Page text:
Research ArticleInfectious Disease

Cytomegalovirus infection enhances the immune response to influenza

See allHide authors and affiliations

Science Translational Medicine  01 Apr 2015:
Vol. 7, Issue 281, pp. 281ra43
DOI: 10.1126/scitranslmed.aaa2293

CMV boosts immune response in the young

Cytomegalovirus (CMV) has long been thought of as a sleeper agent—present in a latent form in most people but dangerous when activated in immunosuppressed individuals. Now, Furman et al. look more closely at the effects of CMV infection in young, healthy people. They find that in contrast to aged individuals where CMV infection decreased response to flu vaccine, CMV infection actually enhanced the response to flu vaccine in young adults. This beneficial effect was also seen in mice. These data suggest that latent CMV infection may be beneficial to the host, and provide a possible explanation for the prevalence of CMV infection worldwide.


Cytomegalovirus (CMV) is a β-herpesvirus present in a latent form in most people worldwide. In immunosuppressed individuals, CMV can reactivate and cause serious clinical complications, but the effect of the latent state on healthy people remains elusive. We undertook a systems approach to understand the differences between seropositive and negative subjects and measured hundreds of immune system components from blood samples including cytokines and chemokines, immune cell phenotyping, gene expression, ex vivo cell responses to cytokine stimuli, and the antibody response to seasonal influenza vaccination. As expected, we found decreased responses to vaccination and an overall down-regulation of immune components in aged individuals regardless of CMV status. In contrast, CMV-seropositive young adults exhibited enhanced antibody responses to influenza vaccination, increased CD8+ T cell sensitivity, and elevated levels of circulating interferon-γ compared to seronegative individuals. Experiments with young mice infected with murine CMV also showed significant protection from an influenza virus challenge compared with uninfected animals, although this effect declined with time. These data show that CMV and its murine equivalent can have a beneficial effect on the immune response of young, healthy individuals, which may explain the ubiquity of CMV infection in humans and many other species.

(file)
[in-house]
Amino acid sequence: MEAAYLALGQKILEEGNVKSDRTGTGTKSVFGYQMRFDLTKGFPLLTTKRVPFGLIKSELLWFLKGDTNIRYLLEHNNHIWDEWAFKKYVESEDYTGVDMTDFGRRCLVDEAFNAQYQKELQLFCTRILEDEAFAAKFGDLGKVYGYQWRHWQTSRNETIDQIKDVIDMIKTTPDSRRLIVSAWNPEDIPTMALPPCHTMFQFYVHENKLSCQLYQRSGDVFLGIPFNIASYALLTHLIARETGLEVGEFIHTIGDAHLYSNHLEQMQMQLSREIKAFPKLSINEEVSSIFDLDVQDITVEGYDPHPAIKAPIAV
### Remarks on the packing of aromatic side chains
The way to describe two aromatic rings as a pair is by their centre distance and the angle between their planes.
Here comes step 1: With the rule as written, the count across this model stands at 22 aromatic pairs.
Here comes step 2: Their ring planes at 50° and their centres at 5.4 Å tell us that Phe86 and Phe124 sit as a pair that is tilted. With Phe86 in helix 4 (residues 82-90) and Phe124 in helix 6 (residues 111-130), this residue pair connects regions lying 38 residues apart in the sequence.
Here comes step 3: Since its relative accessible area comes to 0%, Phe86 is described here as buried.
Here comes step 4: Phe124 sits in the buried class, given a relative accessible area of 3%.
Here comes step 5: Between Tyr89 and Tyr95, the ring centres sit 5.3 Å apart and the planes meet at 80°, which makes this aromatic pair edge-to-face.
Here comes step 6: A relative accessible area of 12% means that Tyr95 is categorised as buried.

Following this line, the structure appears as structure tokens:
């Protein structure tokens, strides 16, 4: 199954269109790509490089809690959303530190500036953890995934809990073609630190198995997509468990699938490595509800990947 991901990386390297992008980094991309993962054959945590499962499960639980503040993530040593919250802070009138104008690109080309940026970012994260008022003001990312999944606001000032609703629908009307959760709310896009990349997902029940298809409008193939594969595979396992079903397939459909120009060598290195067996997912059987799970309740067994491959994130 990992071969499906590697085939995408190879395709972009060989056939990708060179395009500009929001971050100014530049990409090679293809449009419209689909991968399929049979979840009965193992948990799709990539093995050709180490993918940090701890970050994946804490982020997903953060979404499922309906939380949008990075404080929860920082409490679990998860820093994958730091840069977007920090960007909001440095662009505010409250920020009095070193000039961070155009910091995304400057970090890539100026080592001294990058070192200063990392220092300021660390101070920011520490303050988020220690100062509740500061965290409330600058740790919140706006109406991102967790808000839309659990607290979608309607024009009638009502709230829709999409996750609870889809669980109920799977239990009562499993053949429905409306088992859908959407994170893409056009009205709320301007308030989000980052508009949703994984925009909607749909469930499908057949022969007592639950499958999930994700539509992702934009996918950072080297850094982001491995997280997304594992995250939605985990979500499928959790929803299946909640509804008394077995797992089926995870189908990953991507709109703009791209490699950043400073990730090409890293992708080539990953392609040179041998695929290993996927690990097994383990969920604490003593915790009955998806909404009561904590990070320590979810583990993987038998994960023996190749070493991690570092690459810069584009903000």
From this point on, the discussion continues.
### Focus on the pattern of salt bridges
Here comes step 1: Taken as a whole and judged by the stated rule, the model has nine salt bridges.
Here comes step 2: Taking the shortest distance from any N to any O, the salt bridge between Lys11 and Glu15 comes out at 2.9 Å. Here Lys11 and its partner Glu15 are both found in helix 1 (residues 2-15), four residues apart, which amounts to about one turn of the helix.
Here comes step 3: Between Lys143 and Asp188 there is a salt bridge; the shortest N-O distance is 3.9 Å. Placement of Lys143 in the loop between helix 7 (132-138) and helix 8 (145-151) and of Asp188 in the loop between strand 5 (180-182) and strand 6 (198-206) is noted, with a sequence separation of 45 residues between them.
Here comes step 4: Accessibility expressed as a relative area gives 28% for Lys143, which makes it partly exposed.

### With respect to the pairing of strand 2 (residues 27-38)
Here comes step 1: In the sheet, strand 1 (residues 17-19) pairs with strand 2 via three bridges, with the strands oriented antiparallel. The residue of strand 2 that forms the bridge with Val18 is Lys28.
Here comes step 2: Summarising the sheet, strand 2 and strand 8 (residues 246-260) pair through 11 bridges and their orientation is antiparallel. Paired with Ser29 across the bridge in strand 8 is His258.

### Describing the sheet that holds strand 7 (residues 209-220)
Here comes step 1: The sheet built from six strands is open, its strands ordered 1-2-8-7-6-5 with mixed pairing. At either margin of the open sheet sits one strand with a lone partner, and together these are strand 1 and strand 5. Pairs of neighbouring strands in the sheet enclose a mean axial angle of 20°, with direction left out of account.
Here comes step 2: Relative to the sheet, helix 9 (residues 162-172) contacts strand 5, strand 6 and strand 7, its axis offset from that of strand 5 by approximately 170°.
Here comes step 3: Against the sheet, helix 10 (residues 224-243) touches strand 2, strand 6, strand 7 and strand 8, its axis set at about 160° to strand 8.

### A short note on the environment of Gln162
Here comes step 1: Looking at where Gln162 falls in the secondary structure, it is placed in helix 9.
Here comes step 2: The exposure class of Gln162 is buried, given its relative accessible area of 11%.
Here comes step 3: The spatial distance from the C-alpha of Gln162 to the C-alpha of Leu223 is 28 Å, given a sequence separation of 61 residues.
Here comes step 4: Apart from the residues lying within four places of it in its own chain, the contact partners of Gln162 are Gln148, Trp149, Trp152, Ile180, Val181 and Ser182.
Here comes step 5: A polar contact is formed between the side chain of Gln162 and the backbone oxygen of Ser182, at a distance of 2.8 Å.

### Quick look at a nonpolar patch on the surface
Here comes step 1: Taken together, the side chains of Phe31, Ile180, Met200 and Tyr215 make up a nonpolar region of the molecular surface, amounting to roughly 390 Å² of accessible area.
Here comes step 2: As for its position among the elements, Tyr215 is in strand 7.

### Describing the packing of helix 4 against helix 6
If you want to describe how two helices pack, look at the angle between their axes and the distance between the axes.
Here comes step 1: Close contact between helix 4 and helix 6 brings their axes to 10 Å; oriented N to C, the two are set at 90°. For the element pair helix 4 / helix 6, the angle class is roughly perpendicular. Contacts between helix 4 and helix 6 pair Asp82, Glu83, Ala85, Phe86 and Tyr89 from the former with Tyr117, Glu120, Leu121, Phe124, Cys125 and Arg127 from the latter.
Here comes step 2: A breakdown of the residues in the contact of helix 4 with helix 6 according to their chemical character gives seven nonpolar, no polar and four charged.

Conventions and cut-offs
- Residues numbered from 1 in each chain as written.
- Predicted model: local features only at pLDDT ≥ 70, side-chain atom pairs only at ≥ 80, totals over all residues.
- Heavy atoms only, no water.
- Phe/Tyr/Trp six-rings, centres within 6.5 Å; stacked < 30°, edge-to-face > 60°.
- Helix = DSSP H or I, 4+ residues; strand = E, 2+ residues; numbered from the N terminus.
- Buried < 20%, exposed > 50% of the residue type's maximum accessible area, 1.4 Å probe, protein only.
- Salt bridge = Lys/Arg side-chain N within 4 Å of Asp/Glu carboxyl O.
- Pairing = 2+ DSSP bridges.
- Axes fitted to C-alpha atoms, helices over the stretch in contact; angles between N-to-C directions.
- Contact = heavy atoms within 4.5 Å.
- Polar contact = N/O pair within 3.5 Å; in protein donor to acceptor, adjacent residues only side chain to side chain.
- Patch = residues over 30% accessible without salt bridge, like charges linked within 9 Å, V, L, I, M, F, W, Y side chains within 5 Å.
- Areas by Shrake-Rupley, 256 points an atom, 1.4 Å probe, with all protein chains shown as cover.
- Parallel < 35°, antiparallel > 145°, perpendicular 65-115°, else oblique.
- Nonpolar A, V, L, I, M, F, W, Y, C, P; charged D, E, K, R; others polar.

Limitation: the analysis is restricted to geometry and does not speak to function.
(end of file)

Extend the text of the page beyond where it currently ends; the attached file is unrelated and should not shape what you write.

View Full Text

Stay Connected to Science Translational Medicine